Thursday's is the kind of lineup that makes the Fort Reno Summer Concert Series such a great reliably great summer staple. Forget about trying to find a bunch of bands that fit well together. Where's the fun in that? Just throw some bands together and let the high school kids sort 'em out. First up is We Were Pirates (listen), purveyors of seriously wimpy but admittedly catchy guitar/keyboard indie-pop. It's the kind of stuff that makes Death Cab for Cutie sound like ... well, the next band on the bill, hardcore throwbacks Police and Thieves (listen). If you want a fix of early '80s D.C. pummeling, these guys will provide that. Last up is (the) Apes (listen). Can someone please give us an official ruling on whether there's a "the"? We'd really appreciate it, thanks. The band that still won't use a guitar is still heavier than the vast majority of bands that do, and this year's "Ghost Games" is another sludgy success. Bring a picnic and do your anti-rain dance.
The members of Sound of the City (listen) are the foundation on which a significant chunk of the local soul scene's artists have built their live shows. Keeping a band together often requires highly developed logistical and even psychotherapy skills, but Sound of the City's tight rapport as a unit has helped many an artist avoid those struggles. The three-man core group often steps in for touring artists that can't travel with their own personnel. They've played for Raheem DeVaughn, Frank McComb, Rahsaan Patterson and many more. Having set up shop at Bohemian Caverns on Thursday nights, the band is providing a regular spot for folks to work out in an improv setting, leading a weekly jam session that gives mike time to anyone who can keep up. To keep it even more interesting, the members regularly switch instruments while DJ 2-Tone Jones links it together on the turntables.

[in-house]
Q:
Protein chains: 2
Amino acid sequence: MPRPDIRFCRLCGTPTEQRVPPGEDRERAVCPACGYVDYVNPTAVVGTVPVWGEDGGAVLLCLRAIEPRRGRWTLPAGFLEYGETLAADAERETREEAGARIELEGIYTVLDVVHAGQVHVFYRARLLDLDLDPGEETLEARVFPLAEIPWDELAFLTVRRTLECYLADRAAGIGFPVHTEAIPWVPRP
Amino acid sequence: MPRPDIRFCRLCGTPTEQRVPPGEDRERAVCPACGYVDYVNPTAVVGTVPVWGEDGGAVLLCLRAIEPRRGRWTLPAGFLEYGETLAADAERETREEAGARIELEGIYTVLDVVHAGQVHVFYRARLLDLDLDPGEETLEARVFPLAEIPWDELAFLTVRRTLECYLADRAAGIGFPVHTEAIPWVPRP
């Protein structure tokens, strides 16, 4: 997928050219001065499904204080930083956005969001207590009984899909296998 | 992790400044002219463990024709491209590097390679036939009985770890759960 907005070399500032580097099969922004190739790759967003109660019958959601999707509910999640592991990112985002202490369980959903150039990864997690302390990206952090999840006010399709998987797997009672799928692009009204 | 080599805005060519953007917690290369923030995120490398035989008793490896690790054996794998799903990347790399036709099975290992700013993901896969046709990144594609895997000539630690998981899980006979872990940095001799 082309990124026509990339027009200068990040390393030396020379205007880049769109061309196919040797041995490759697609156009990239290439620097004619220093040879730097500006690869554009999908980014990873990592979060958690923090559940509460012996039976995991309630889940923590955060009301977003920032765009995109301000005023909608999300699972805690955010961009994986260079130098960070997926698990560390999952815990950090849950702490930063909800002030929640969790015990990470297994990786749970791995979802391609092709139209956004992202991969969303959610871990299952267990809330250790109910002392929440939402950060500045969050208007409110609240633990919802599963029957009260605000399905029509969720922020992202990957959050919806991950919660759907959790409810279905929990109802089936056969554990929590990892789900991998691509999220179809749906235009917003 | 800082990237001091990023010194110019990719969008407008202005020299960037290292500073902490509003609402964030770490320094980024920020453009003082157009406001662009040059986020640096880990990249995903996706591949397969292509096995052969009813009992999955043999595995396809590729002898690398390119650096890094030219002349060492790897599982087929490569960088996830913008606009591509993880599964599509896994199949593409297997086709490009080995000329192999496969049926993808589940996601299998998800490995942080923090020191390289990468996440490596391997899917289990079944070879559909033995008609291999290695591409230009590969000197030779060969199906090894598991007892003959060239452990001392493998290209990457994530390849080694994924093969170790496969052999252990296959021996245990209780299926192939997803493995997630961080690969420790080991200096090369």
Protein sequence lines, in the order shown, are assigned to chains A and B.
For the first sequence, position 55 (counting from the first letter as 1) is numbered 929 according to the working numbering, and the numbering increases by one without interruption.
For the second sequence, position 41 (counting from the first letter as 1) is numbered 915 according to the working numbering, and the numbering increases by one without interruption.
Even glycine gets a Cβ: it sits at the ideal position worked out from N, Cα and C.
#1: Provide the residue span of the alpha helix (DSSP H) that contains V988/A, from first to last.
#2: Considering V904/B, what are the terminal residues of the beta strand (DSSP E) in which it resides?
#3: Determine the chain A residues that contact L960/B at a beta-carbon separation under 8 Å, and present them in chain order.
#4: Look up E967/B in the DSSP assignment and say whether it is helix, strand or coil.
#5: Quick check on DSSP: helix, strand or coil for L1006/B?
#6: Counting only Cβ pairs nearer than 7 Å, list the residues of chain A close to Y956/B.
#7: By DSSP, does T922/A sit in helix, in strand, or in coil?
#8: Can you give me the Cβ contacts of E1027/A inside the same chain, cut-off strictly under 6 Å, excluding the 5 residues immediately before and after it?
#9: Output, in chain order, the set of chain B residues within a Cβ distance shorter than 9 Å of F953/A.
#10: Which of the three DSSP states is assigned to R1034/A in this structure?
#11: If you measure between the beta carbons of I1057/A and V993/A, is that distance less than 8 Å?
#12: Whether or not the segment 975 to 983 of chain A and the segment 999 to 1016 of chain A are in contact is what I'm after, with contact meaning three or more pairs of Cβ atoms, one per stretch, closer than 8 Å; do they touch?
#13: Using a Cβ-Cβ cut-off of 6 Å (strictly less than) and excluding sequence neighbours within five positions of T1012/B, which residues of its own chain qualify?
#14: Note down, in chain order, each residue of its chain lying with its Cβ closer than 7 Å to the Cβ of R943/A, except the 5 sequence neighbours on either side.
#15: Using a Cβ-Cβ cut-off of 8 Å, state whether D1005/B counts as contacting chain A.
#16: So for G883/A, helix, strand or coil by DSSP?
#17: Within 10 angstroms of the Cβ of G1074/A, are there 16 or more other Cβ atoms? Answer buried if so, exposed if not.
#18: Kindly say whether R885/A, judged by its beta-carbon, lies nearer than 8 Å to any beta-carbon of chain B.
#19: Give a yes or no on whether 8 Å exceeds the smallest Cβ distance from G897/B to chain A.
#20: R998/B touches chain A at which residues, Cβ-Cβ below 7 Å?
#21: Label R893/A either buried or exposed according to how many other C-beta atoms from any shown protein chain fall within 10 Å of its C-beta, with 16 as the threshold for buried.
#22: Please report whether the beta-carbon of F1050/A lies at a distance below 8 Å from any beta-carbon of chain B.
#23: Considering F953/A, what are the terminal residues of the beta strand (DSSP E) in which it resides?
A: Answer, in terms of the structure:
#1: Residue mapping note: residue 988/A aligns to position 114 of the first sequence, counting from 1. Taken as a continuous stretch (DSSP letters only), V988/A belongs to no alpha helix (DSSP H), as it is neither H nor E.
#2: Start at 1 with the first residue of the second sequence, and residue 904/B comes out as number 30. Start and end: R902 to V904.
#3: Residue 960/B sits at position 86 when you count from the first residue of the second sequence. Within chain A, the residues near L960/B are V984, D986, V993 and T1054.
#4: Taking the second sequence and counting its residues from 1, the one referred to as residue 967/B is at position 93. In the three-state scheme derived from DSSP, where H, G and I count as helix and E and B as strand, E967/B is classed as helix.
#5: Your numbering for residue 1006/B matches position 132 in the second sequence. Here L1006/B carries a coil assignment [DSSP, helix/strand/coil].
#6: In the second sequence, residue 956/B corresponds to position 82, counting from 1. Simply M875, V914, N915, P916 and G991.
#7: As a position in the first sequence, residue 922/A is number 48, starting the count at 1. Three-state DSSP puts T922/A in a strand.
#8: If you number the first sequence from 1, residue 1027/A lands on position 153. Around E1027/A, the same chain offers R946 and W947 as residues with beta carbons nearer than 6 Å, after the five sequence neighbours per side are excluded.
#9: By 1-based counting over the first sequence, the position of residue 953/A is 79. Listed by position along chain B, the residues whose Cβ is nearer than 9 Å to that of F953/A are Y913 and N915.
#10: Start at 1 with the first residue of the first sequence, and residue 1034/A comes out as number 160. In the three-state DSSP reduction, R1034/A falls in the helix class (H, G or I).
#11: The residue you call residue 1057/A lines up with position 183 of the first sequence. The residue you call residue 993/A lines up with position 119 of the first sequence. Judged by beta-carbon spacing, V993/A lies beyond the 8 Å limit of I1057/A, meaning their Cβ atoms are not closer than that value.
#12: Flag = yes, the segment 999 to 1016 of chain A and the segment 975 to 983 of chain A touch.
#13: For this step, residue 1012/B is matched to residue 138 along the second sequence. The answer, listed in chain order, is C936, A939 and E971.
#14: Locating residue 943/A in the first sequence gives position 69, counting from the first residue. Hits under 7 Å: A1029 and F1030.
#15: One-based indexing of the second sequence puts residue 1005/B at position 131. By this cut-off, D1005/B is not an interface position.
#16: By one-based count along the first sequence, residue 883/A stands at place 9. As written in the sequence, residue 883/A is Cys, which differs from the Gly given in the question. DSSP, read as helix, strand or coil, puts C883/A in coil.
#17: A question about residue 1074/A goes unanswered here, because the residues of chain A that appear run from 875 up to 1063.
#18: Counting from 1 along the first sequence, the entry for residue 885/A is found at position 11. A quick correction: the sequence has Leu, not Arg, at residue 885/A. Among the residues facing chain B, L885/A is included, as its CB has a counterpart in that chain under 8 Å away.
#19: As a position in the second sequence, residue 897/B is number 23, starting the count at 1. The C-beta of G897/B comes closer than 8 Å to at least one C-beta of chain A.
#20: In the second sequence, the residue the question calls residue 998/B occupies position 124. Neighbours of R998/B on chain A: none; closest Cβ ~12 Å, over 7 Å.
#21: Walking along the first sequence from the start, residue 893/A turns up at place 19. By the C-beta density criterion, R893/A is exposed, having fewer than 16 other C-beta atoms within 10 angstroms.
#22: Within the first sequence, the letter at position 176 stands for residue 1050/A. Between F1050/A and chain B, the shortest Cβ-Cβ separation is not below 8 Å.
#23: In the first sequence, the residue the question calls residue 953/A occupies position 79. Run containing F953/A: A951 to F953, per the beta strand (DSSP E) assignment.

Friday, July 18
Scenes from Guru HQ:
David: What are you writing about in the column this week?
Fritz: I think I'm gonna do Andy C at the 9:30 club.
David: Andy C and DJ Dara? I think I saw that lineup at Buzz back in 1998!